Dairy farmer of the year 2023

Dairy Woman of the Year Donna Cram

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4 May 2023

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Winner of Fonterra Dairy Woman of the Year award for 2023, Donna Cram is doing all the right things while making the numbers add up.

She became an accountant because she likes numbers, but she grew up on a farm and says even during her training years she never gave up on the dream. “I love being outside, being down on the farm, and having the time to be with animals.”

She and her husband Philip have farmed in Awatuna, South Taranaki for nearly 23 years, since they bought the original block and later purchased half of Donna’s parents’ farm. They have 270 cows but have just leased some extra land so expect the herd to increase to 290 in 2024. They’re committed to improving the environment and were recognised for this in 2016, winning the Fonterra Environmental Leadership in Dairy Farming award for the Taranaki region. They were also one of three finalists for the 2021 Fonterra Responsible Dairy Award.

Maintaining a viable farm business means looking at every aspect of it, Donna says. “We’re doing quite a lot of different things. We’re looking at greenhouse gas (GHG) reduction measures through efficiencies all the time. We’ve reduced ours by about two tonnes per hectare. But it’s not just about the environment and we can’t look at just GHGs on their own.

“We’ve got to look at everything, including environment, biosecurity and animal shade and shelter. We need to be economically sustainable if you’re going to carry out environmental work. That’s all about people, profit and planning. I’m really passionate about financial literacy.”

Fonterra Dairy Farm Of the Year
Farmers Phillip and Donna Cram at their constructed wetland on their farm in Awatuna Taranaki.

The Wetlands

Donna and Philip have worked with DairyNZ, the National Institute of Water and Atmosphere (NIWA) and Taranaki Regional Council (TRC) over the past couple of years to construct a wetland on their Awatuna farm. Wetlands can significantly reduce nutrient and sediment losses on farms and improve water quality. They also boost biodiversity and can provide habitat for birds and fish. 

This project was a labour of love for Donna, who has other roles off the farm. She’s a Taranaki regional councillor, a trustee for Dairy Trust Taranaki and a member of the Taranaki Federated Farmers Dairy committee. She’s also a Dairy Environment Leader (DEL), helping drive positive change and leading by example in reducing environmental footprint, and she chairs Taranaki Catchment Communities.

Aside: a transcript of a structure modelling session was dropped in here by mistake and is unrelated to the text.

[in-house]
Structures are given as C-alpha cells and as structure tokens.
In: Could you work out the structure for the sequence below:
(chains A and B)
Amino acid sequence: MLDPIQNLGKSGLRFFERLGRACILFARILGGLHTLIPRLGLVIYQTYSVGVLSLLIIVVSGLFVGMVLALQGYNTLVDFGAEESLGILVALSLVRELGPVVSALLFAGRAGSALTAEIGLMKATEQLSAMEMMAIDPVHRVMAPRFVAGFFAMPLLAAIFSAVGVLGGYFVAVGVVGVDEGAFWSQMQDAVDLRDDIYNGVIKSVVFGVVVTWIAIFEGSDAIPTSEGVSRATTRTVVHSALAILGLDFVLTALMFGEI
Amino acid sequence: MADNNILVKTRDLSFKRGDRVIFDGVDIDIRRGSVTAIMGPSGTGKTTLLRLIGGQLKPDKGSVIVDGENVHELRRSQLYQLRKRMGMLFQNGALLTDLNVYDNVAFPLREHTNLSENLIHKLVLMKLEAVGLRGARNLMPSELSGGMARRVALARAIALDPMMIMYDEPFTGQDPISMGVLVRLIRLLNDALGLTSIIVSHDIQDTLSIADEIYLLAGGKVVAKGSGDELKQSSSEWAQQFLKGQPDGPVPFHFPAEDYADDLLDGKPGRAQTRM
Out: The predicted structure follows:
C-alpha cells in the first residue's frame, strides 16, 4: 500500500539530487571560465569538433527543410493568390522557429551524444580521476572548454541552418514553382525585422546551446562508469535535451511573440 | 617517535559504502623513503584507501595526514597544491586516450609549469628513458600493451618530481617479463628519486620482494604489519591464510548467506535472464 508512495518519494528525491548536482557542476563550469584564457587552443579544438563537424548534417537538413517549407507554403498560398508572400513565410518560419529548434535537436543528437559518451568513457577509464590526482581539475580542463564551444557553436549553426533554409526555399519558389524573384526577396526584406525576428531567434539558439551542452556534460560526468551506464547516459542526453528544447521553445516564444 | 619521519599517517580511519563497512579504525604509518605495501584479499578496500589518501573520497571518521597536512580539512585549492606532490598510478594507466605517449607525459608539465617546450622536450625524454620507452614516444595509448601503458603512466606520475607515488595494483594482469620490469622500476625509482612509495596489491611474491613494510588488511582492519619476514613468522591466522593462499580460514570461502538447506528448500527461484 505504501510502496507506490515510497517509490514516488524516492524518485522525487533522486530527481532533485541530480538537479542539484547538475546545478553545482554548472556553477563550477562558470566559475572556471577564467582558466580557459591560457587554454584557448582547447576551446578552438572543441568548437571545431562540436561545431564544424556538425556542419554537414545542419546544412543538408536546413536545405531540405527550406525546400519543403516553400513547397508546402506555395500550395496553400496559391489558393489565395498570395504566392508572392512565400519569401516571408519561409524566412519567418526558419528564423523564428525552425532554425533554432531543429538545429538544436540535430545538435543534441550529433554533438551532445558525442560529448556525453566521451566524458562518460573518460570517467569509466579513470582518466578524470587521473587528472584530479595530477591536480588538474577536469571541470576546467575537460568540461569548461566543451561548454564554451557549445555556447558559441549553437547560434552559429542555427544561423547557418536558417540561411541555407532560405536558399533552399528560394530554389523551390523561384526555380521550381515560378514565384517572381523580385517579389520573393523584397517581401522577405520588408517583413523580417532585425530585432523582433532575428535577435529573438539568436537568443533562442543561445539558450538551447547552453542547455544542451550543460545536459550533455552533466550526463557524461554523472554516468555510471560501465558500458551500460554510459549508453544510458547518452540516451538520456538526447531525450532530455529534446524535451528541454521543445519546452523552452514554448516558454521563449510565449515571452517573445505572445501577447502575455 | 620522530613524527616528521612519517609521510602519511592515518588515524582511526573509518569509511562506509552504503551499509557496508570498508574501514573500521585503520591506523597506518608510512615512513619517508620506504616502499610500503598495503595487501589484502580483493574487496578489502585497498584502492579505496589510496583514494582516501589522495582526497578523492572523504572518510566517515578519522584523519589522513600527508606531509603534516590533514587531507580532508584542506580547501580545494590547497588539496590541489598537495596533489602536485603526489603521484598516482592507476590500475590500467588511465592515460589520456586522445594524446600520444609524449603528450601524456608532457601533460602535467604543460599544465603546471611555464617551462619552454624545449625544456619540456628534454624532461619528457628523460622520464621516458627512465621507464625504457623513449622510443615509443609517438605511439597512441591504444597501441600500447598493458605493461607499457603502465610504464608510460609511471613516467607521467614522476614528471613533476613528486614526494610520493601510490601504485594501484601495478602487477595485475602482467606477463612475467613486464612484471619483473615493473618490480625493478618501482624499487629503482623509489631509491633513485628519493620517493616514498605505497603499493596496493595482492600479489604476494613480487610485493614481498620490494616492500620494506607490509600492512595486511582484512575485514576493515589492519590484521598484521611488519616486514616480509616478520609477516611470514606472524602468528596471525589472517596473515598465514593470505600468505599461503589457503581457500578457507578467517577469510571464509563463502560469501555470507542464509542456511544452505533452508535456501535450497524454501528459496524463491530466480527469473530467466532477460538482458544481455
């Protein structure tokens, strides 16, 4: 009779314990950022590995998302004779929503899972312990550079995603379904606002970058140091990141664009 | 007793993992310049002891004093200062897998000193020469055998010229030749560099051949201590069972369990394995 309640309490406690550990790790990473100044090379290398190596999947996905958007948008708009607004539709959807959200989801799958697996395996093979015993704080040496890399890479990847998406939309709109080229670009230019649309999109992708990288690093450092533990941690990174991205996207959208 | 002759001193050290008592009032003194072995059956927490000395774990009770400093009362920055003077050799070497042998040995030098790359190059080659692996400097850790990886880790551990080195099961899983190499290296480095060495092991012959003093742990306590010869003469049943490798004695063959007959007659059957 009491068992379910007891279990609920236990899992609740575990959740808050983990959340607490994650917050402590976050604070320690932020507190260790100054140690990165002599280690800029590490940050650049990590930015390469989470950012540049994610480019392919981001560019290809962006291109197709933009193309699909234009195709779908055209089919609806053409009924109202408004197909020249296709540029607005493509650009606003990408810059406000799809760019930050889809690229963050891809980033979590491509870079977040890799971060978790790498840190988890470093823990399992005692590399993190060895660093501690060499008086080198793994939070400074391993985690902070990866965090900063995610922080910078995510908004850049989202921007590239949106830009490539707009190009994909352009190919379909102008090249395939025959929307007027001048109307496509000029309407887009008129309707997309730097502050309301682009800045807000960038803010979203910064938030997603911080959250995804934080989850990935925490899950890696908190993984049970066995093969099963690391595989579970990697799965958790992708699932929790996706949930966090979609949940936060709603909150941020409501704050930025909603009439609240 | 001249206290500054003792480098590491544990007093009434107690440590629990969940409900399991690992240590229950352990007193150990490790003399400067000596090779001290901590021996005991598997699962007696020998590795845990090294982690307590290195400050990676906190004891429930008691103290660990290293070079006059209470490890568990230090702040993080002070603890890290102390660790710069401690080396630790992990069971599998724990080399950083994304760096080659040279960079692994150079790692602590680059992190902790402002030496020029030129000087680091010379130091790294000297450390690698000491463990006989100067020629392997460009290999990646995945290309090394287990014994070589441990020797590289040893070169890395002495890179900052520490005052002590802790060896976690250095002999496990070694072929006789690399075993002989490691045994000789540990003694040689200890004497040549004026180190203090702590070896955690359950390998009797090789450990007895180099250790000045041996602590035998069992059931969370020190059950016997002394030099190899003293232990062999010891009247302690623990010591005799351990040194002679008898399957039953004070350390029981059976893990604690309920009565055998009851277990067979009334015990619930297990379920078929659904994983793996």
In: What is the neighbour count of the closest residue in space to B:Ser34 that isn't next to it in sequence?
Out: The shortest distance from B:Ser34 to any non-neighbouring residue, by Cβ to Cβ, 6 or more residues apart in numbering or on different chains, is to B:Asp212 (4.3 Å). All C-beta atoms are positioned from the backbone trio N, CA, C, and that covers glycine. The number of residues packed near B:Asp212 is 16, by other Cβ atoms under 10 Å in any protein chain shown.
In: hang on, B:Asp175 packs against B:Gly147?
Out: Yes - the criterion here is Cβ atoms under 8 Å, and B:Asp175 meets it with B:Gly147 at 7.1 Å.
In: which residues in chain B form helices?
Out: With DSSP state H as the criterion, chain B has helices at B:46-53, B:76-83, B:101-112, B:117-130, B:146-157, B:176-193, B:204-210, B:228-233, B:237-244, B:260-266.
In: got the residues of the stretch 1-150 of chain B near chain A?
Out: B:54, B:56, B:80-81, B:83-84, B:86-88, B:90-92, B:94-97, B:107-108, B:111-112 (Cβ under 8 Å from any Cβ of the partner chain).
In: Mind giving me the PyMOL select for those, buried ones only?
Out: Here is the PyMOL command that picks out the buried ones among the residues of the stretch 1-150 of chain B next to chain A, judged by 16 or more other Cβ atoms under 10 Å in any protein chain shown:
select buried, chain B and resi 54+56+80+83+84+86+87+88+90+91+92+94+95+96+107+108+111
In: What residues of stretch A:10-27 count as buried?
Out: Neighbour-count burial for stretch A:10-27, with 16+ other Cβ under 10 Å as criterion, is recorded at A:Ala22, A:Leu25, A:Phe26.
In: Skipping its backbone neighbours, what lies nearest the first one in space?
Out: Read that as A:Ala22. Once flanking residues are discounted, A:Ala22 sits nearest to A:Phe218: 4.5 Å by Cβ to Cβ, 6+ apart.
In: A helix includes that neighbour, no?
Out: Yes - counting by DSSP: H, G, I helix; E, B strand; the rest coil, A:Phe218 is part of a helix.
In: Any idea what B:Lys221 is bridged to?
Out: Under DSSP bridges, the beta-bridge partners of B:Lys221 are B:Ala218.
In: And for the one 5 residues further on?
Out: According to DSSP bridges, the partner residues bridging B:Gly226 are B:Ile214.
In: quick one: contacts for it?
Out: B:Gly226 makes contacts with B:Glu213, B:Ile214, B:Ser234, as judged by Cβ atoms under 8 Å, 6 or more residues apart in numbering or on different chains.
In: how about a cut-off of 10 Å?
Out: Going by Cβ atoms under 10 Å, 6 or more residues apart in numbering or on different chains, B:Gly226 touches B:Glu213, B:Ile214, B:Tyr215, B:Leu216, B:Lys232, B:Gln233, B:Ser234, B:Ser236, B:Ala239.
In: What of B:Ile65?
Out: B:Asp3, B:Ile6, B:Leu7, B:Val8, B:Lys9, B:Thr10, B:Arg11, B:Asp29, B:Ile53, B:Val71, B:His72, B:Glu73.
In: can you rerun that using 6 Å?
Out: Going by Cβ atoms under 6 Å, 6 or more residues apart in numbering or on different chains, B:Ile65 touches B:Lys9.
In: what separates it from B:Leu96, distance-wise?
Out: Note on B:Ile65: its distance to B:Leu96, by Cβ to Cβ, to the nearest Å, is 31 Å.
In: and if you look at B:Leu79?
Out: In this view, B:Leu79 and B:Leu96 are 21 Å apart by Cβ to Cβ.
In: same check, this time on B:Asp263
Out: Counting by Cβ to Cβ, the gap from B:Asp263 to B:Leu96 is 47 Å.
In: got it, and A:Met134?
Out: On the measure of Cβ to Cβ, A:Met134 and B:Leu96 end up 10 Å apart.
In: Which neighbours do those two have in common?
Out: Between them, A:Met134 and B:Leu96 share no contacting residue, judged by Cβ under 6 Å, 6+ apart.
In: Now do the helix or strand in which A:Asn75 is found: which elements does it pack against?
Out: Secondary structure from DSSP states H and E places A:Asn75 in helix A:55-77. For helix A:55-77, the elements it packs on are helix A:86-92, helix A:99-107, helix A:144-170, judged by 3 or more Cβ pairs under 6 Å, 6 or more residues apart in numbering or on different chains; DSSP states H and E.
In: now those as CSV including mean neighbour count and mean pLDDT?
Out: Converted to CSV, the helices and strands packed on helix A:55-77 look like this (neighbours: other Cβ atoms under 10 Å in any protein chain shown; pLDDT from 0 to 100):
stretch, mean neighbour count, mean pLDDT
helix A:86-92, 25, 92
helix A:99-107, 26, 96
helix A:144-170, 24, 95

The latter seeks to lead, engage, and mobilise the region’s rural sector to ensure a more environmental, economic and socially sustainable future. “This is a whole new part of farming, the environmental side, and thinking at a catchment level rather than just our own farms,” Donna says. “This catchment approach will be essential as the new freshwater regulations come to life.”

Donna and Philip feel as though they have a good handle on the legislative changes ahead, but she says many farmers in Taranaki don’t feel the same. “That’s why the catchment group was set up, to try and help people through,” she says.

Constructed wetland in Awatuna Taranaki.

Women leading women

Donna and Philip have one full-time team member – their assistant manager, Jacinta Kete. She’s 23 and in her third full-time season of milking. Jacinta is Taranaki-Manawatū’s FMG Young Farmer of the Year for 2023, and the Taranaki Dairy Industry Awards trainee of the year. Donna and Philip are very proud of her achievements.

“I’m passionate about helping people through the industry,” Donna says. “We’re trying to make a lifestyle for her as well, and we want her to love what she does. Farming is such an exciting industry to be part of.”

Donna knows first-hand the value of training. She’s just done an intermediate farm environment planning course at Massey and is hoping to do a GHG one next. She also graduated from the Agri-Women’s Development Trust (AWDT) Escalator programme. The programme is designed to give women the mindsets, skills and connections to create change in agriculture and rural communities.

 “I believe in lifelong learning,” she says.

Being a Dairy Environment Leader has been part of Donna’s learning journey. She attends an annual DEL forum in Wellington, which enables the 300 DELs around New Zealand to connect, support each other and share successes and advice. This has been the highlight of Donna’s five years in this role.as a DEL.

“I really enjoy it. There are lots of like-minded people. You develop good contacts, and you need that support. I wouldn’t have had the confidence to do any of what we’ve done (on-farm) if it wasn’t for DEL and AWDT. I also couldn’t do everything I do if Philip wasn’t so supportive.”

All the work Donna and Philip are doing on-farm means the business is constantly evolving. She says the hard work is worth it to ensure the farm is sustainable for future generations. “I’m 54 now and Philip is the same age, so we need to get this sorted and have our farm up to date if we want to have a retirement.

“We want to do everything we can to get things right. Having good advisors around us makes all the difference.” 

Related article: Meet Kynn’s Sister Duo Bronwyn and Jessica

All imagery from Stuart Mackay

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